DAN HODGES: Professor Lockdown tried dropping a dirty bomb on Boris… and blew himself up
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The advisers shouldn’t really be out there,’ the No10 official conceded. ‘They’ve been pushed front and centre and that’s not where they’re supposed to be.
It’s the politicians who take the decisions. We’ve been shoulder to shoulder. But in the end it’s Ministers that make the call.’
Maybe the official is right. Perhaps the Government’s boffins should have remained in the shadows. The unseen and unheard hands guiding – if not controlling – the nation’s coronavirus response. But they are out there.
And last week they were making their presence felt. Or one in particular was. Professor Neil Ferguson, the virus modeller from Imperial College dubbed Professor Lockdown, has emerged as the star turn of the Covid-19 crisis.
Professor Neil Ferguson claimed the Covid R rate – the average number of people a Covid patients infects – would remain only marginally below 1 because staff were still carrying the disease out of care homes and hospitals
Thoughtful and languid, it was his analysis that there could have been 500,000 potential victims that was widely credited with accelerating lockdown, and saving countless lives. Until he popped up last Wednesday and dropped a dirty bomb on the Commons Science Committee.
If the UK had locked down a week earlier, approximately 20,000 people who are dead would be alive, he said. Although he was quite calculated in the way he made the claim. ‘I think the measures – given what we knew about this virus then – in terms of its transmission and its lethality, were warranted.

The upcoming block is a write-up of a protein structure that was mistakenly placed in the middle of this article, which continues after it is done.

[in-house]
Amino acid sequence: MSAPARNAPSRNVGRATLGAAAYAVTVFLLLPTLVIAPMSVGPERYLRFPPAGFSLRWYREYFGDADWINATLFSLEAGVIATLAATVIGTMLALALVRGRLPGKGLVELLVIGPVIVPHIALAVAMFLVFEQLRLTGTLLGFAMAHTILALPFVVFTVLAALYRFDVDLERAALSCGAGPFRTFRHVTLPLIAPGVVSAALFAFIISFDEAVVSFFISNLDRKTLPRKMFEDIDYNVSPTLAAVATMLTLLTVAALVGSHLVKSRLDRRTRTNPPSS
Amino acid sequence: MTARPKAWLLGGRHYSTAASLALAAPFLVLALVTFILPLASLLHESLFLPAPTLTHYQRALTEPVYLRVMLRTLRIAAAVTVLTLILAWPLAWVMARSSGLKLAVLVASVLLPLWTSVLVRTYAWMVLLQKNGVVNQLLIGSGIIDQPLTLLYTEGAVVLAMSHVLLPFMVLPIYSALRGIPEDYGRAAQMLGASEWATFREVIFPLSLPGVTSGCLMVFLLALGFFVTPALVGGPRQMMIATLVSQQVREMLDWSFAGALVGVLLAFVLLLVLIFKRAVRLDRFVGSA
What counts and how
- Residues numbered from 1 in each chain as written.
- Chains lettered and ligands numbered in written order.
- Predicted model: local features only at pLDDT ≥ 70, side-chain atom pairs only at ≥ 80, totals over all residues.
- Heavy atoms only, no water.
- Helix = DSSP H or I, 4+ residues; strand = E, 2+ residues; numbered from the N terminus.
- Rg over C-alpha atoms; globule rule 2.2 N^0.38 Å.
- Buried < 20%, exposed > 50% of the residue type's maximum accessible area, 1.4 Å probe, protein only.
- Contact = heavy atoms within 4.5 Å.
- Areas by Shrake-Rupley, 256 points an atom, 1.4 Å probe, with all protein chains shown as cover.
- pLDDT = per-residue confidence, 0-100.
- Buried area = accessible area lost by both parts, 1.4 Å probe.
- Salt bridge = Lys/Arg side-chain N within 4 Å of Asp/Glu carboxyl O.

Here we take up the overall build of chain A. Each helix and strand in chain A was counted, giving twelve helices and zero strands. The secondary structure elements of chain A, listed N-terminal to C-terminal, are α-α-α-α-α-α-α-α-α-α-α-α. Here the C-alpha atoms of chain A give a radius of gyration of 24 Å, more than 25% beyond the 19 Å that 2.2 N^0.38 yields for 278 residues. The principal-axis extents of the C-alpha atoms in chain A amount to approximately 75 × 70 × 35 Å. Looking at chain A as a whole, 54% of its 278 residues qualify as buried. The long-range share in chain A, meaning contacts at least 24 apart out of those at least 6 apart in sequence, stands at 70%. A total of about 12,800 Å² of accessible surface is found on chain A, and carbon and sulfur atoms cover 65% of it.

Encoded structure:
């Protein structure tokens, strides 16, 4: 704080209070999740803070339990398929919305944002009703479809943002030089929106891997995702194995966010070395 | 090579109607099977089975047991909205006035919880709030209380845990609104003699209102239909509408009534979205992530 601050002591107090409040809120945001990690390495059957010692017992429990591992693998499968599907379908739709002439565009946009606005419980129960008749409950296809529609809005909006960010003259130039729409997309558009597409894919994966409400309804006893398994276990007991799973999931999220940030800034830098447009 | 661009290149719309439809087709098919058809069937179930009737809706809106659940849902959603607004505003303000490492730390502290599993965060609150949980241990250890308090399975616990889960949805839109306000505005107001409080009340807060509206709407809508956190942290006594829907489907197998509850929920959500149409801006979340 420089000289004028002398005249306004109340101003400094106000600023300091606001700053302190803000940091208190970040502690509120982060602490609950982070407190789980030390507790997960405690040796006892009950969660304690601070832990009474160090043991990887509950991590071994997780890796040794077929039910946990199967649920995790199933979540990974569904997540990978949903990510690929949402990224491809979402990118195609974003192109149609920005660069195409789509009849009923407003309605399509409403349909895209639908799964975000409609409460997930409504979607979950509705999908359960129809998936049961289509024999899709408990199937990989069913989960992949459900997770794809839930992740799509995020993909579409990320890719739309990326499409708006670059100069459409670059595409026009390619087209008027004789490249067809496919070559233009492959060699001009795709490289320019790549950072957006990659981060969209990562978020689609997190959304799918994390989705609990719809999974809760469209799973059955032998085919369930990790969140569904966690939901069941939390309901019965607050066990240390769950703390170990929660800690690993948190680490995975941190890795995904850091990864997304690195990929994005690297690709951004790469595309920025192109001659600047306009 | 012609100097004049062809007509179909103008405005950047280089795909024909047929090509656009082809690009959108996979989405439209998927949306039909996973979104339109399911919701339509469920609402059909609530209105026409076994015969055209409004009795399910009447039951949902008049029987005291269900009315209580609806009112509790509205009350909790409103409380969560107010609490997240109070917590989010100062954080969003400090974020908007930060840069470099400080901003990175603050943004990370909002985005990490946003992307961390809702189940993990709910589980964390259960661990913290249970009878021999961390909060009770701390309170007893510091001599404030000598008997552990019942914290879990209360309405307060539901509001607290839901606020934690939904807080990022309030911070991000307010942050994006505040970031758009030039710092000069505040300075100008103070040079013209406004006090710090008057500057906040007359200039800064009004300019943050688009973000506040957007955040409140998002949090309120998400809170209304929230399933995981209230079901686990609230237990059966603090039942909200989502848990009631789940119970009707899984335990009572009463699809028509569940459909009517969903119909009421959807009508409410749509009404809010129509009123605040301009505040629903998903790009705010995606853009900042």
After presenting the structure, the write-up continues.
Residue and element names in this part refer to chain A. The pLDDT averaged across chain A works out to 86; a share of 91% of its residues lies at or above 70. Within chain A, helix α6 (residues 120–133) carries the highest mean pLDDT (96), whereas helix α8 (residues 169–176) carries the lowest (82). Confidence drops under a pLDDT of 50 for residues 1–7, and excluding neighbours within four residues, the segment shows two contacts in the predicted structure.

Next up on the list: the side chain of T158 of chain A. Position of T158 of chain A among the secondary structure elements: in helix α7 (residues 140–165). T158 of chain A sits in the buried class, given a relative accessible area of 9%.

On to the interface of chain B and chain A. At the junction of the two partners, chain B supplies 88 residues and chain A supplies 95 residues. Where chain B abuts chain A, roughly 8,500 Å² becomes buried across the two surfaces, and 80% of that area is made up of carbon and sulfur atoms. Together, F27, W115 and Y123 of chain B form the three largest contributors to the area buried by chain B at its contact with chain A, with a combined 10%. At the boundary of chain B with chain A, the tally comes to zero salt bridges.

‘I wouldn’t second-guess them at this point,’ he smoothly opined. Before casually adding: ‘Certainly, had we introduced them earlier we would have seen many fewer deaths.’ The measures were sound. Ferguson certainly wasn’t going to second-guess them.
Oh, but by the way, we might be interested to know that if they’d been introduced seven days earlier, thousands of our loved ones would still be with us. Entirely coincidentally, this incendiary revelation spilled out a month after Ferguson had been forced to resign from his position on the Government’s SAGE advisory group after he was caught breaking his own rules by allowing his mistress to visit him.
Until then, equally coincidentally, he’d been one of the stoutest defenders of the Government’s strategy.
The Imperial College London scientist (top row, middle) made the comments to the House of Lords Science and Technology Committee during his first public appearance since a series of public controversies
None of which stopped the Government’s critics seizing on his statement. ‘We did call for the lockdown before this Government took us into lockdown, and we did challenge the Government on mass gatherings and pubs and restaurants,’ said Labour Health spokesman Jonathan Ashworth, hastily rewriting his party’s broad support for the strategy at the start of the pandemic.
But, unfortunately for Neil Ferguson and his cheerleaders, we’re not simply forced to rely on self-serving hindsight. Thanks to his ubiquitous media profile, we can go back and see what the eminent professor was saying as the crisis was actually unfolding.
Shortly after the story broke about his study that triggered the Government into imposing full lockdown, Ferguson was asked if Ministers had been too late in safeguarding the nation.
‘Overall, I think we have got the timing about right,’ he responded. So whatever brought him to last week’s assessment that lockdown was too late, that wasn’t his view back in March, when it actually mattered.
But there is another major problem facing Ferguson and his fellow revisionists. For months the Government’s opponents have been demanding publication of the famous ‘SAGE Minutes’.
These tablets of stone would, we were told, finally reveal the truth about the extent to which Boris and his Ministers really were ‘following the science’, and how far the fight against Covid-19 had been undermined by political expediency.
Boris Johnson listened to the view of Professor Ferguson and imposed measures